i was recently asked to show a tutorial on how to unravel a store bought sweater. so today i am going to share how i do it. there are tons of tutorials out there on how to get this done if you don’t like mine or need better pics.
first i would like to share why i unravel sweaters. i am a cheap skate! what can i say. i don’t like to spend tons of money on yarn if i don’t have to. i also hate to see nice yarn going to waste on a sweater that may never get worn again. plus with a little bit of work and time you can have a ton of yarn for a very cheap price. i sweater can equal loads of possibilities: such as, a new sweater, a shawl, well just about anything. i have made a set of mittens, a hat and a scarf all from one unraveled old sweater. oh and one last thing, each section of the sweater is usually one very long continuous strand! that rocks. i hate weaving in strands.
so let’s get down to it.
where to find sweaters:
cheap rack at name brand stores like charlotte russ or b. moss
what you need to look for when you are looking to unravel a sweater:
yarn content : i am a bit of a yarn snob. i look for 100% wools, wool blends, 100% cotton, or anything with enough cashmere or angora to make it worth while. i hate acrylics but occasionally bite the bit and get one. watch out: super thin looking mohairs won’t always unravel well.
color: look for colors that you like and would use. there is no point buying that cashmere blend in violet if you or someone you know won’t wear it!
seams: i needs to have crocheted seams. sergered seams are bad news and usually won’t unravel. however, if the sergering is only on the shoulder seam get it!
wear : if the sweater is to old and worn out looking, don’t bother. the yarn will probably just keep breaking when you unravel it. also if it looks like it is felting, don’t bother. it won’t work out.
here are the sweaters that i picked up:
the burgundy sweater is acrylic (i know i know, what i just said up there. but this one had a fun velvety sheen to it that i couldn’t resist.) turned out that i could only use the back and sleeves from this sweater. the front had a zipper (usually cool but) under the zipper they sergered the edges and they weren’t a continuous strand.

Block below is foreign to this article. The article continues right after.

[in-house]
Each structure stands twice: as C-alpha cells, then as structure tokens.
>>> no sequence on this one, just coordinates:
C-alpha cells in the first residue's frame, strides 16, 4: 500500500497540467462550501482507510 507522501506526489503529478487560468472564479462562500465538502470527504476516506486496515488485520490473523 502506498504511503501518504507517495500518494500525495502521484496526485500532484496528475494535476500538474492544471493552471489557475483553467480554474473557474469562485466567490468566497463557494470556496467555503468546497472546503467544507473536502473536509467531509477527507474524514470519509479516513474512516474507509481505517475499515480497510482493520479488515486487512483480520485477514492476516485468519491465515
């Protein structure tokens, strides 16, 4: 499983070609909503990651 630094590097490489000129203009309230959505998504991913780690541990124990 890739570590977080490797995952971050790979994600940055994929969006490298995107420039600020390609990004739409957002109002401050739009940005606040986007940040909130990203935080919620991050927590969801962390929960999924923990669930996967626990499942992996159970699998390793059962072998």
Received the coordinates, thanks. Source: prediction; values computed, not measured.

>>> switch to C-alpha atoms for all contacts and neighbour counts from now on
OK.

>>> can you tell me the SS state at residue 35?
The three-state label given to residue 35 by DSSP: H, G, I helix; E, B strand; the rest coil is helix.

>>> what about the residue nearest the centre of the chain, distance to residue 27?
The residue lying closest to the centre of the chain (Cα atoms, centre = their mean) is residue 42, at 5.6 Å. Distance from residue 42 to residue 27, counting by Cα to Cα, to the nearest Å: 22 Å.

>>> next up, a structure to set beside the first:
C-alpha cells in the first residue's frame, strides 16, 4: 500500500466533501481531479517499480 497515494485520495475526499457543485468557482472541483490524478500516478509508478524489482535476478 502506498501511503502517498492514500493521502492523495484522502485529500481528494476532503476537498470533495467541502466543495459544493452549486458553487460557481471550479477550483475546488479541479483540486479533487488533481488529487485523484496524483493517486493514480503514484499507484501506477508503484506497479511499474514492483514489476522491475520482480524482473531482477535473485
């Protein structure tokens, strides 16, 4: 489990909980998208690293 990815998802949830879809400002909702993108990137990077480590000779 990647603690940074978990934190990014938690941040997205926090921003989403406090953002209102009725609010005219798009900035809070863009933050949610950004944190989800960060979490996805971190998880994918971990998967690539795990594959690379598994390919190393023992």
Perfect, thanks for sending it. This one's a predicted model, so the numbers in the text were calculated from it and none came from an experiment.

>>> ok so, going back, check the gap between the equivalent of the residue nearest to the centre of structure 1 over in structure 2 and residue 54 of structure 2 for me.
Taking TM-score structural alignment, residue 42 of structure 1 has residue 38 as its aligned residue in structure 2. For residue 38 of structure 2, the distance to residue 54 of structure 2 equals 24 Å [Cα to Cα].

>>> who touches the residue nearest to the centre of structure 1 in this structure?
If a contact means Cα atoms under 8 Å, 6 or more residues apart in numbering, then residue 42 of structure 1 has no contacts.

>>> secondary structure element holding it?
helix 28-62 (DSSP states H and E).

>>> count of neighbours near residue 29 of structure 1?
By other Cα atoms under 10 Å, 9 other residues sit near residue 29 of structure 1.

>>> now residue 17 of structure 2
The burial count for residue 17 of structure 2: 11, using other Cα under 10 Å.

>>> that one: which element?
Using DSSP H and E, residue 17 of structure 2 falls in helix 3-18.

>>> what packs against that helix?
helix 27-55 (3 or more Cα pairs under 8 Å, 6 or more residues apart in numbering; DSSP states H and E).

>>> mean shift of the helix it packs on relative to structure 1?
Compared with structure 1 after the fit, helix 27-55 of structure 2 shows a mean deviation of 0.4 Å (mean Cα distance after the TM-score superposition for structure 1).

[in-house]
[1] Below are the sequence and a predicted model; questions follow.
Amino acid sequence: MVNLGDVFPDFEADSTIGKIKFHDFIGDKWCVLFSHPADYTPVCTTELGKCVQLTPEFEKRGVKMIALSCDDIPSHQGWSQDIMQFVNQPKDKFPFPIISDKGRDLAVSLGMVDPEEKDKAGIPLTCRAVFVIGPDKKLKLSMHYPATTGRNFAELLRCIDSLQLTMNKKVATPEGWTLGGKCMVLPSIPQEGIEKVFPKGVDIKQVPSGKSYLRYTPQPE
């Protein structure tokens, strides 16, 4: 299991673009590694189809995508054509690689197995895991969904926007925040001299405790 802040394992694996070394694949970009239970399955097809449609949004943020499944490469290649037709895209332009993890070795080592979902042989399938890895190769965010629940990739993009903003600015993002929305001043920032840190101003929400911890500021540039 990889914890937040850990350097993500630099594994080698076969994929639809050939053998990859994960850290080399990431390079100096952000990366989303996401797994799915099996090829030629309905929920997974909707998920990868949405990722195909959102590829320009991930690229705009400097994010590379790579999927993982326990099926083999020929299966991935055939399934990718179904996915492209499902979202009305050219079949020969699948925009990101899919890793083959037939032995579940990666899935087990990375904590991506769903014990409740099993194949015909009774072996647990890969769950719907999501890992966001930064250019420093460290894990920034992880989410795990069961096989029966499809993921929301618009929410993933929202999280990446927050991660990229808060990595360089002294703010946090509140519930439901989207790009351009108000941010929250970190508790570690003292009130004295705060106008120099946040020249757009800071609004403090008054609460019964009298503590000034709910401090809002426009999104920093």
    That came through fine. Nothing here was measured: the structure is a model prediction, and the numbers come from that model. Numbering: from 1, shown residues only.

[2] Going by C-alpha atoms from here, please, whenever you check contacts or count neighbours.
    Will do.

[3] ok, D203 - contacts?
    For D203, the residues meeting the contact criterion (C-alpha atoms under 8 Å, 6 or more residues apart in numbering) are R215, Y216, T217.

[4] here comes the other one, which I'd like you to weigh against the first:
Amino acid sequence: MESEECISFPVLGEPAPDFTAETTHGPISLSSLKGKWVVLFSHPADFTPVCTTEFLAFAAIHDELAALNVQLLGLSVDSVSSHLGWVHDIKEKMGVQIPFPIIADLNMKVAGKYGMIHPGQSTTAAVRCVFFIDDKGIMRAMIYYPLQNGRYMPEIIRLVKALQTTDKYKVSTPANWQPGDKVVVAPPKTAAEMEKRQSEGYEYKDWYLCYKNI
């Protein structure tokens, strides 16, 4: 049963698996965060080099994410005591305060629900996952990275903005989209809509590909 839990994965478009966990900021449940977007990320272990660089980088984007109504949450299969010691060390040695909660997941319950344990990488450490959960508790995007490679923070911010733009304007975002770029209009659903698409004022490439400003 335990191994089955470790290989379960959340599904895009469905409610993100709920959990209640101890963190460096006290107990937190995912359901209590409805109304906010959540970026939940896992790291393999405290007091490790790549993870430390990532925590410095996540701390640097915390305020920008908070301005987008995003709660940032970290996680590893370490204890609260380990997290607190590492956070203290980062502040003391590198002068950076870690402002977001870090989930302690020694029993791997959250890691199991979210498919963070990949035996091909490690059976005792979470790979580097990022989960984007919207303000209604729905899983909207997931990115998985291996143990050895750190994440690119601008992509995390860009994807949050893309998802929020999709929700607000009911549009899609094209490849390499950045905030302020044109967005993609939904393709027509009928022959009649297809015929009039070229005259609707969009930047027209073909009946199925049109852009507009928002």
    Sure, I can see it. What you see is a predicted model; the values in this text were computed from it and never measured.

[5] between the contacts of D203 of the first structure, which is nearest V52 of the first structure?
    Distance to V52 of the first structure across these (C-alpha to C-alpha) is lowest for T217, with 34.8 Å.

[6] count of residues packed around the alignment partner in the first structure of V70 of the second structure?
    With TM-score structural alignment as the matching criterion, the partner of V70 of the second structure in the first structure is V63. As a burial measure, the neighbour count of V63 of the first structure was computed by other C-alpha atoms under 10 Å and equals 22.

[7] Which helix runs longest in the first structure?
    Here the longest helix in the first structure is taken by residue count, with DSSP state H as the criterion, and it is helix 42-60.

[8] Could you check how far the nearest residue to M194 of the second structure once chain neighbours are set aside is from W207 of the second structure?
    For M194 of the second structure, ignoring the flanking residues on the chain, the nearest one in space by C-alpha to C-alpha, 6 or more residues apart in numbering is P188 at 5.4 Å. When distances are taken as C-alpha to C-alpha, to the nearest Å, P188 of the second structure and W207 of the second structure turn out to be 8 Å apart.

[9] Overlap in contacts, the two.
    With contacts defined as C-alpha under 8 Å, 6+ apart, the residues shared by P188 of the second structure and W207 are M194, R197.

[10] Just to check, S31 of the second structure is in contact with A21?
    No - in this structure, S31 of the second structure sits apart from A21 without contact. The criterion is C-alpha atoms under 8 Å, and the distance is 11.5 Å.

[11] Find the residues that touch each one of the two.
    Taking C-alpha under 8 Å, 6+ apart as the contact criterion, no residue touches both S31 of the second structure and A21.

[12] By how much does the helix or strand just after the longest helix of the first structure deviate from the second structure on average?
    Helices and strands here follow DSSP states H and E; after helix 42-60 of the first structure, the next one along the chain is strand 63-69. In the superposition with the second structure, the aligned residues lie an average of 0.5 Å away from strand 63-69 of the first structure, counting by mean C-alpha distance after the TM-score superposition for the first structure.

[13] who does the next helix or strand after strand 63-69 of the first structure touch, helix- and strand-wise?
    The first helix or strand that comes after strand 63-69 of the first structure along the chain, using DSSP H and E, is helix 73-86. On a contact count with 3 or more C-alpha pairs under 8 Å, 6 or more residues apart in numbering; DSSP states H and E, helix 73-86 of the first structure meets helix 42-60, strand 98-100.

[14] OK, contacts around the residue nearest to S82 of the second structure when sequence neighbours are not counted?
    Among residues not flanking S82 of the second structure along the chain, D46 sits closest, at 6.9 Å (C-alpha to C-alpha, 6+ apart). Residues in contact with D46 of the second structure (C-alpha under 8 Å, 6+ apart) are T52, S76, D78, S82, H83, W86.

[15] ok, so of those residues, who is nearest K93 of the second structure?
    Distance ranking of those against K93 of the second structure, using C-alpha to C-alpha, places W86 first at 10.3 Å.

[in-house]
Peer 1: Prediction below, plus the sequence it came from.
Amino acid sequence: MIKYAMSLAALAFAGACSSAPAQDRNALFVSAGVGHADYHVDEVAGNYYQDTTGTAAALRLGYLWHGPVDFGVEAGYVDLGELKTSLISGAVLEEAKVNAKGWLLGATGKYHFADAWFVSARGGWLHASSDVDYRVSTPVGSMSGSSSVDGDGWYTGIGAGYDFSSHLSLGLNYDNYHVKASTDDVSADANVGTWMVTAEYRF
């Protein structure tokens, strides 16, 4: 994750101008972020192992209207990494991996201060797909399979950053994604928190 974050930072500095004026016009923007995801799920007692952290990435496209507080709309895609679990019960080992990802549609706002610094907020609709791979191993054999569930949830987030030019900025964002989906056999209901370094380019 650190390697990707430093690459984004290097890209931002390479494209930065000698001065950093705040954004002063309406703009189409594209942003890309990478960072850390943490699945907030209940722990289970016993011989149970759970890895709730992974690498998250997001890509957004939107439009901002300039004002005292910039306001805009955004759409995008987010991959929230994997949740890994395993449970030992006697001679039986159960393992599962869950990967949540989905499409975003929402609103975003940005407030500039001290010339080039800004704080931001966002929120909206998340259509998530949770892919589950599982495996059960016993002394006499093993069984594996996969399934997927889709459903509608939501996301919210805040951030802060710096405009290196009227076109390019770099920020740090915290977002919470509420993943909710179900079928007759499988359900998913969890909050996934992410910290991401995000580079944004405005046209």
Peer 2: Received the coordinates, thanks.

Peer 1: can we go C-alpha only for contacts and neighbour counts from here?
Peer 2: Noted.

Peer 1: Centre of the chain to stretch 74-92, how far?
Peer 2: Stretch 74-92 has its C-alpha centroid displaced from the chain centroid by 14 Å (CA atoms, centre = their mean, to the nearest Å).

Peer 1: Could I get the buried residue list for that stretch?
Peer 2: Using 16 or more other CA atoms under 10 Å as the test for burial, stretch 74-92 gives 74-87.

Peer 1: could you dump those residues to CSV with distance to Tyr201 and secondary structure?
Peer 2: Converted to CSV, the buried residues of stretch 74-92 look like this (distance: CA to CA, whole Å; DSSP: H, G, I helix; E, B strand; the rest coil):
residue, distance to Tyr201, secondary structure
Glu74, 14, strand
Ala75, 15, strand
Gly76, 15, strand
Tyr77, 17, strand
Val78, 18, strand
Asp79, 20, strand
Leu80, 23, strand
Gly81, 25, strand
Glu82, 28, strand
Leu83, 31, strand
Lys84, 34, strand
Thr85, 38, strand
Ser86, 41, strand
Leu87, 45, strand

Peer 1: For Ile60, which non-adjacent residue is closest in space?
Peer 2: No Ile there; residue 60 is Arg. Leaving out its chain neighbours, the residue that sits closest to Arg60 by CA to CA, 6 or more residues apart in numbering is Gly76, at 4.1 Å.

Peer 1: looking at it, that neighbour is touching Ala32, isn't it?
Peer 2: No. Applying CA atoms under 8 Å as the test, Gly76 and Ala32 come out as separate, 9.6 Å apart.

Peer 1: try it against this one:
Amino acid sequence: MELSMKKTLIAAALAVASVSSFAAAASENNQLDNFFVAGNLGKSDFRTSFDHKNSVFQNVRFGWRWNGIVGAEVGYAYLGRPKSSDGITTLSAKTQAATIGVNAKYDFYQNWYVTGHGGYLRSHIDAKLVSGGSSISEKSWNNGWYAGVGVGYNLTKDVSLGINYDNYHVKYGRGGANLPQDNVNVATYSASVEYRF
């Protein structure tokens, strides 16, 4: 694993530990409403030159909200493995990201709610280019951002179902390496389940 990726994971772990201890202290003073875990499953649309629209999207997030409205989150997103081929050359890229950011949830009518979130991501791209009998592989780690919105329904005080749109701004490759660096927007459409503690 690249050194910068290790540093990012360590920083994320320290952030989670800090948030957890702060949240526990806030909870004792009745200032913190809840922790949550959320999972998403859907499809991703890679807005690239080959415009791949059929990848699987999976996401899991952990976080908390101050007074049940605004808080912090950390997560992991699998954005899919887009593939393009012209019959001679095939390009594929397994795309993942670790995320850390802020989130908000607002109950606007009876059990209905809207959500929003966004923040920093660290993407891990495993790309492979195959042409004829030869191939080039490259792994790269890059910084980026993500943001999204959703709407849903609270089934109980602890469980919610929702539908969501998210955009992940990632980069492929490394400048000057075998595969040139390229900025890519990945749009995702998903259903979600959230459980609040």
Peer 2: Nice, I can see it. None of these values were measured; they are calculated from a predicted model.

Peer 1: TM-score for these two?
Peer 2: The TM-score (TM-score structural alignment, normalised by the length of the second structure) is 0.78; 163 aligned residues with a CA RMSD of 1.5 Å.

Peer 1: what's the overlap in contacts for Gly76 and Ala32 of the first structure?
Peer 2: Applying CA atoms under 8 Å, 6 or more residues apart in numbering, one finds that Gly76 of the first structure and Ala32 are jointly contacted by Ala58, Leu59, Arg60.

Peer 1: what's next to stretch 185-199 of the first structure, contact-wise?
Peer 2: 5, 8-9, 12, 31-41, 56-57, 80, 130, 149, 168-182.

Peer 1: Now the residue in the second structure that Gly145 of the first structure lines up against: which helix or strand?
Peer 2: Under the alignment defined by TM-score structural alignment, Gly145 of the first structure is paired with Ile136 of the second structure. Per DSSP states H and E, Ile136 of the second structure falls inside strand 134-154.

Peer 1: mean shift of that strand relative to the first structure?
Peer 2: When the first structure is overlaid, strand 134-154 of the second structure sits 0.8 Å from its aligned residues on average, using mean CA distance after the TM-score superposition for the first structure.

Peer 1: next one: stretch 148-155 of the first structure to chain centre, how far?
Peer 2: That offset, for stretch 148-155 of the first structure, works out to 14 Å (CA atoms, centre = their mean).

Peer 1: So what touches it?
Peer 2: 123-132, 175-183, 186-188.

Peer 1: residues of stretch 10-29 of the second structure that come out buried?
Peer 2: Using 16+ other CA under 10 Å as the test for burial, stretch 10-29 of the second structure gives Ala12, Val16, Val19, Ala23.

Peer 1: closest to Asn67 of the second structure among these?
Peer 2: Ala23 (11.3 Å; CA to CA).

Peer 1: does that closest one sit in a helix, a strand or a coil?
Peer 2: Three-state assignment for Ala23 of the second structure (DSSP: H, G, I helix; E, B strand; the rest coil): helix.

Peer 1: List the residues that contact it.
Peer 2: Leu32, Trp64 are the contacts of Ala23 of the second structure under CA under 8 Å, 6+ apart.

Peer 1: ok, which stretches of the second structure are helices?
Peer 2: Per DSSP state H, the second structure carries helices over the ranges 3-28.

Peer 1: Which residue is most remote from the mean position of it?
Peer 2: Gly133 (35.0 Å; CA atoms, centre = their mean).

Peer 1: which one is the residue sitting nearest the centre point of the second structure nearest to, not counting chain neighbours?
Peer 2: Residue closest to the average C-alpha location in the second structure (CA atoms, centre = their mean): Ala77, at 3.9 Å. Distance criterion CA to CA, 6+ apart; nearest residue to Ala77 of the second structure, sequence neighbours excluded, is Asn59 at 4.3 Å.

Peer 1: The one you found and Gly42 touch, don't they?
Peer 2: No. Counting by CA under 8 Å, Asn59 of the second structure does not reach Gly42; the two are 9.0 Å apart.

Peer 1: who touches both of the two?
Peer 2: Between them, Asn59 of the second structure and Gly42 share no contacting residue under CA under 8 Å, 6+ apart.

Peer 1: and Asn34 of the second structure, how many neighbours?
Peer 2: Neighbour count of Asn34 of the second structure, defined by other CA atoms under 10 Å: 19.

the white sweater is a wool / mohair blend. very fine yarn. (however, this one did what i said happens sometimes and just wouldn’t unravel without breaking)
the green sweater is really cool. it’s a ribbon yarn. these types of yarn are really expensive to buy in skeins and usually have small yardage amounts per skein!
total spent on sweaters: $9.oo. one bomb. but two with quite a bit of useful yardage.
now here are the details on what to do:
1. take a picture of the tag. that way if you lose it later, you will still have a record of the yarn content.
2. i like to remove the sleeves first. so start in the armpit area. you want to find where the crocheted edge starts at the armpit. the Vs will be pointed down.
3. now you want to clip the crocheted thread. be careful just to clip the V with you scissors and not the other yarn.
4. gently pull the seam apart.
5. grab the thread and pull. the entire seam will pull apart very easily.
sometimes you will have to do some careful snipping of threads where two seams meet up and don’t want to pull apart easily.
6. do this to all the seams. slowly separating the sweater into its parts.
a note about shoulder seams.
sometimes, shoulder seams are sergered together. like so…
you have a couple of options here: you can get your seam ripper out and undo all the thread (very time consuming by the way) or you can get out your scissors and just cut the sergered seam away. i do this. yeah you lose a little yarn but not much and it is so much easier on your nerves. trust me, but again it is your choice.